Life hacks for homeschooling during Coronavirus

homeschooling during Coronavirus

Right now you might be reading this and feeling the pressure of homeschooling during Coronavirus. Perhaps you – or your children – are already over it. It can be hard to stay motivated, and maybe you feel frustrated by how much or little your children’s school has been supporting you. Or perhaps you are really stressed and struggling with homeschooling during Coronavirus while working at home and having to do a million and one other things. Or maybe you are just feeling flat as a pancake about everything. As we enter week six of lockdown, it’s time for a pep talk in the form of this post on life hacks for homeschooling during Coronavirus from the Home School Guru Anna Dusseau.


Mental health matters. Full stop. But where are we now with supporting families struggling in the grip of global crisis? According to a recent Guardian article, hundreds of mental health patients have been discharged from hospitals in order to make room for the surge of COVID-19 patients in critical conditions. Terrible decisions to make and we are nowhere near even beginning to compute the fallout of all this.

The key here is trying to maintain mental and physical wellness at home if we possibly can, to support our children and reduce any additional strain on the health service. So, if you’re feeling frazzled, here are my personal lifestyle tips for how to take proper care of yourself as a full-time homechooling parent. You’re. Welcome. Babe.

Rocket fuel for busy parents homeschooling during Coronavirus

Sad though it sounds, my days of takeaway pizza and cheeky paddling pool Peronis are done and dusted. Nowadays, as a busy homeschooler and freelance writer, I manage my diet the same way an athlete might prepare for a competition. It’s all about feeling good and being on fleek (Wowza! Urban dictionary 2003? Hands up who feels old now?) for the day ahead.

So, I recommend getting started at breakfast with something not too heavy but that will give you sustainable energy for the morning. Porridge, yoghurt and brazil nuts, wholegrain toast, or eggs and grilled tomatoes are favourite choices in our house, because the kids love it, too. (Okay, fine, let’s go with ‘tolerate’. You can’t have Coco Pops every day.)

Don’t over-complicate your life. If something simple works for you (I did about a year on raw oats, two spoons of cocoa powder and grated ginger to start the day) then just roll with it.

Lunchtime again should be healthy and good for slow-release energy. I’ll often make a ratatouille or roasted vegetables with mixed beans, which we eat with lentils, oatcakes, or fried potatoes. Yep, it’s starchy but my personal feeling is that I’ve got no time for the raw food or cabbage soup diet when I’m homeschooling three small children.

Here’s the trick, though. Around 4pm, tuck into some omega-boosting good fats, such as nuts, which will curb your hunger and give you energy to do bath and bedtime. I swear by peanut butter. Cashew nut butter is also really good, or just a handful of raw walnuts or brazil nuts. Alternatively, dark chocolate (85% or higher) gives a serious kick of energy and is a healthy, brain-boosting snack to reach for.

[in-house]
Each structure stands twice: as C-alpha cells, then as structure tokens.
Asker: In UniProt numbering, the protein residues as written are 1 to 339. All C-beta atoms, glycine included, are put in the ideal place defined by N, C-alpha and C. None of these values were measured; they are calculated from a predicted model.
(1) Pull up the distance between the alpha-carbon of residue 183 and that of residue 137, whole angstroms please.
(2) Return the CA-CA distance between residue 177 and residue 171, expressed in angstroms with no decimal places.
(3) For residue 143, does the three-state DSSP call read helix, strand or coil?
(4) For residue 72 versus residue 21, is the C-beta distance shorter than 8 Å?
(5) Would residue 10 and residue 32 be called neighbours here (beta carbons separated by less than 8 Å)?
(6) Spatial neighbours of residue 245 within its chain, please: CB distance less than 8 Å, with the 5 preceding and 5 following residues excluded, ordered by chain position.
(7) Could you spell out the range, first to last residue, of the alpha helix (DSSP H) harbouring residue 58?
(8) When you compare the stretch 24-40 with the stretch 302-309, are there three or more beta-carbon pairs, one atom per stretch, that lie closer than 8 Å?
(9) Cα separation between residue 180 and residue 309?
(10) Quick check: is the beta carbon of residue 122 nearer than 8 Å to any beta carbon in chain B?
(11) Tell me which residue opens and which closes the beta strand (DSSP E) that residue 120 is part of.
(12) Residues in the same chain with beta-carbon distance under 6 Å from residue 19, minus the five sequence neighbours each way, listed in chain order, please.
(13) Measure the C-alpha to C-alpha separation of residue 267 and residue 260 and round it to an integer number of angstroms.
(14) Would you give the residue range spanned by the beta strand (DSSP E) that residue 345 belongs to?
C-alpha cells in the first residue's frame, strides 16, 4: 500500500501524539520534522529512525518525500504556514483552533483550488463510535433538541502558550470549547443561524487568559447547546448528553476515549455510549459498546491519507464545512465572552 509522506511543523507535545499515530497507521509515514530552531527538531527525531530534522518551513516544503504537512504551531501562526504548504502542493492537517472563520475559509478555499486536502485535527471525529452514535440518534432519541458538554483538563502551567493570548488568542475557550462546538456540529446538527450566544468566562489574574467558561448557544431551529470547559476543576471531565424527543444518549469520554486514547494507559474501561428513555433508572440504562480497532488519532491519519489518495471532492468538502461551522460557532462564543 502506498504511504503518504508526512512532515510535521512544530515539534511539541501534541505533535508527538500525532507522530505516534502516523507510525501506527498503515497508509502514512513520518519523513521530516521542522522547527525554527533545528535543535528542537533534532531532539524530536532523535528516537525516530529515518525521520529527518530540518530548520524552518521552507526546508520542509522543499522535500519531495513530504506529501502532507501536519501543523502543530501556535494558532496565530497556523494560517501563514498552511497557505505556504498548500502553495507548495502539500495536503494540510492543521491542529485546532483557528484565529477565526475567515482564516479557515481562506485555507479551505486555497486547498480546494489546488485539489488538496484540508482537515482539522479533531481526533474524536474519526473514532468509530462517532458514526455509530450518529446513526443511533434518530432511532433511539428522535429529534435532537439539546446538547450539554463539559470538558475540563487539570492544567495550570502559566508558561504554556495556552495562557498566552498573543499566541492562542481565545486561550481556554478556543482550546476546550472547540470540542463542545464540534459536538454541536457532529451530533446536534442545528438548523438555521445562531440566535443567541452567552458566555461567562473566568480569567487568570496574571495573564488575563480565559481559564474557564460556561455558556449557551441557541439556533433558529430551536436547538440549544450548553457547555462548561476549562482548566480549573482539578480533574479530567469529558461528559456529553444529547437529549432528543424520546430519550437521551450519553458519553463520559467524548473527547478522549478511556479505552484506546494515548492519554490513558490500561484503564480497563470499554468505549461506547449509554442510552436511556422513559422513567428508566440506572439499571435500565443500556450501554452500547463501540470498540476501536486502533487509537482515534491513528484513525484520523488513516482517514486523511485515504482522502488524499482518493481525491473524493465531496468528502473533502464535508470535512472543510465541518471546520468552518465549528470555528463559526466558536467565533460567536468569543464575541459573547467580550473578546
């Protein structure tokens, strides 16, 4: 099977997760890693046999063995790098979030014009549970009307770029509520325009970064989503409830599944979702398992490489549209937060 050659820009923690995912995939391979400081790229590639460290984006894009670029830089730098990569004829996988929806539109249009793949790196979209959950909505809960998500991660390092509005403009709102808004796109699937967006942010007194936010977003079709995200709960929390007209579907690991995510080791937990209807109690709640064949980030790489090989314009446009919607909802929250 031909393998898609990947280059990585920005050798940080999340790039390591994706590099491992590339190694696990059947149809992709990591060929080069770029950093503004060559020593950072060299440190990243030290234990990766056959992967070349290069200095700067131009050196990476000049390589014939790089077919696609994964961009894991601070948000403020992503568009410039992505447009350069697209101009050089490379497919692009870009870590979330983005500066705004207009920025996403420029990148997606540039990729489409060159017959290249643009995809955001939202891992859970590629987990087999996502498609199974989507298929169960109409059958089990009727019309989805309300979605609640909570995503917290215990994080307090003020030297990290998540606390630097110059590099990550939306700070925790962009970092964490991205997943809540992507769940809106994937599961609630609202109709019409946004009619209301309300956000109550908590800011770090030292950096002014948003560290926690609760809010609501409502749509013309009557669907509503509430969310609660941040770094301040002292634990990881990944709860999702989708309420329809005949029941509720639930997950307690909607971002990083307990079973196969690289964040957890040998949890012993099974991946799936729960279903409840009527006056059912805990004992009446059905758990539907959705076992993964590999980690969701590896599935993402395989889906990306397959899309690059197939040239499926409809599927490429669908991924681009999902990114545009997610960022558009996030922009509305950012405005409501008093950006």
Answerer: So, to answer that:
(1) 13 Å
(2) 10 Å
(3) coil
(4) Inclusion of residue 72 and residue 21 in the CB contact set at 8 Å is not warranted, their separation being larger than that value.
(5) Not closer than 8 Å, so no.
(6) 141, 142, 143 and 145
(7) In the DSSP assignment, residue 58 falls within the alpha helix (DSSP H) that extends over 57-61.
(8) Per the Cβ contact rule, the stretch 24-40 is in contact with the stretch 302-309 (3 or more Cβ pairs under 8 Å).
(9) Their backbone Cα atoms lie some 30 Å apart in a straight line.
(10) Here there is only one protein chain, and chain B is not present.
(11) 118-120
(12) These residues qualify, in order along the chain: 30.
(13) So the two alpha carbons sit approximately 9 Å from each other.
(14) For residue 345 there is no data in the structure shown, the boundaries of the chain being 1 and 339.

Background music and bangers

We listen to music almost constantly in our house and I suggest using this as a form of music therapy, by which I mean selecting a soundtrack which is mindfully chosen to create the right atmosphere. Sunday brunch, for example, needs a bit of Frank Sinatra, or else chilled house such as Stéphane Pompougnac’s Hotel Costes (we love Volume 8, but they are all good).

For getting rid of excess energy, it needs to be a hit that gets you all singing or dancing along. What are you in to? In our house, nobody can resist the butt-shaking tug of Christine and The Queens’ Tilted (French version, bien sur) but for some concentrated activities such as baking, colouring, craft or a puzzle, it’s got to be a bit of Classic FM, Buena Vista Social Club or Ben Harper. Music is personal. It’s all about what feels right for your family, so whether it’s Beethoven or Beach Boys, switch the vibe to ‘loving it’ in your house and be sure to play some music today.

Sanity and setting goals

Just because we are all on house arrest, doesn’t mean it’s time to give up on what matters in life. I know homeschooling during Coronavirus and working from home is a tough call, but I find that creating daily targets for myself actually make me more productive and focused, rather than distracting me.

So, I force myself to do a short exercise video every morning which is, on ambitious days, Yoga with Adrienne, but more often the lovely Joe Wickes 5 minute workout (both on YouTube) which the kids enjoy too.

My second target of the day, is to ensure that I read at least one article or chapter of my book. This is an important habit for any writer to maintain, but the real gift here is that, by modelling reading, you will often find that your kiddos will settle to a quiet activity of their own accord which feels good for everyone.

Don’t be tempted to commentate on your boisterous three-year-old settling to a bit of quiet drawing; just notice it, smother the smile of surprise, and continue with your article. Now is also the time to set long term goals, whether that involves travel, learning a new language, home development, or getting that brilliant business idea up and running. Mental motivation – both short term and long term – is as energising as a double espresso and has a knock-on effect within the family as a whole.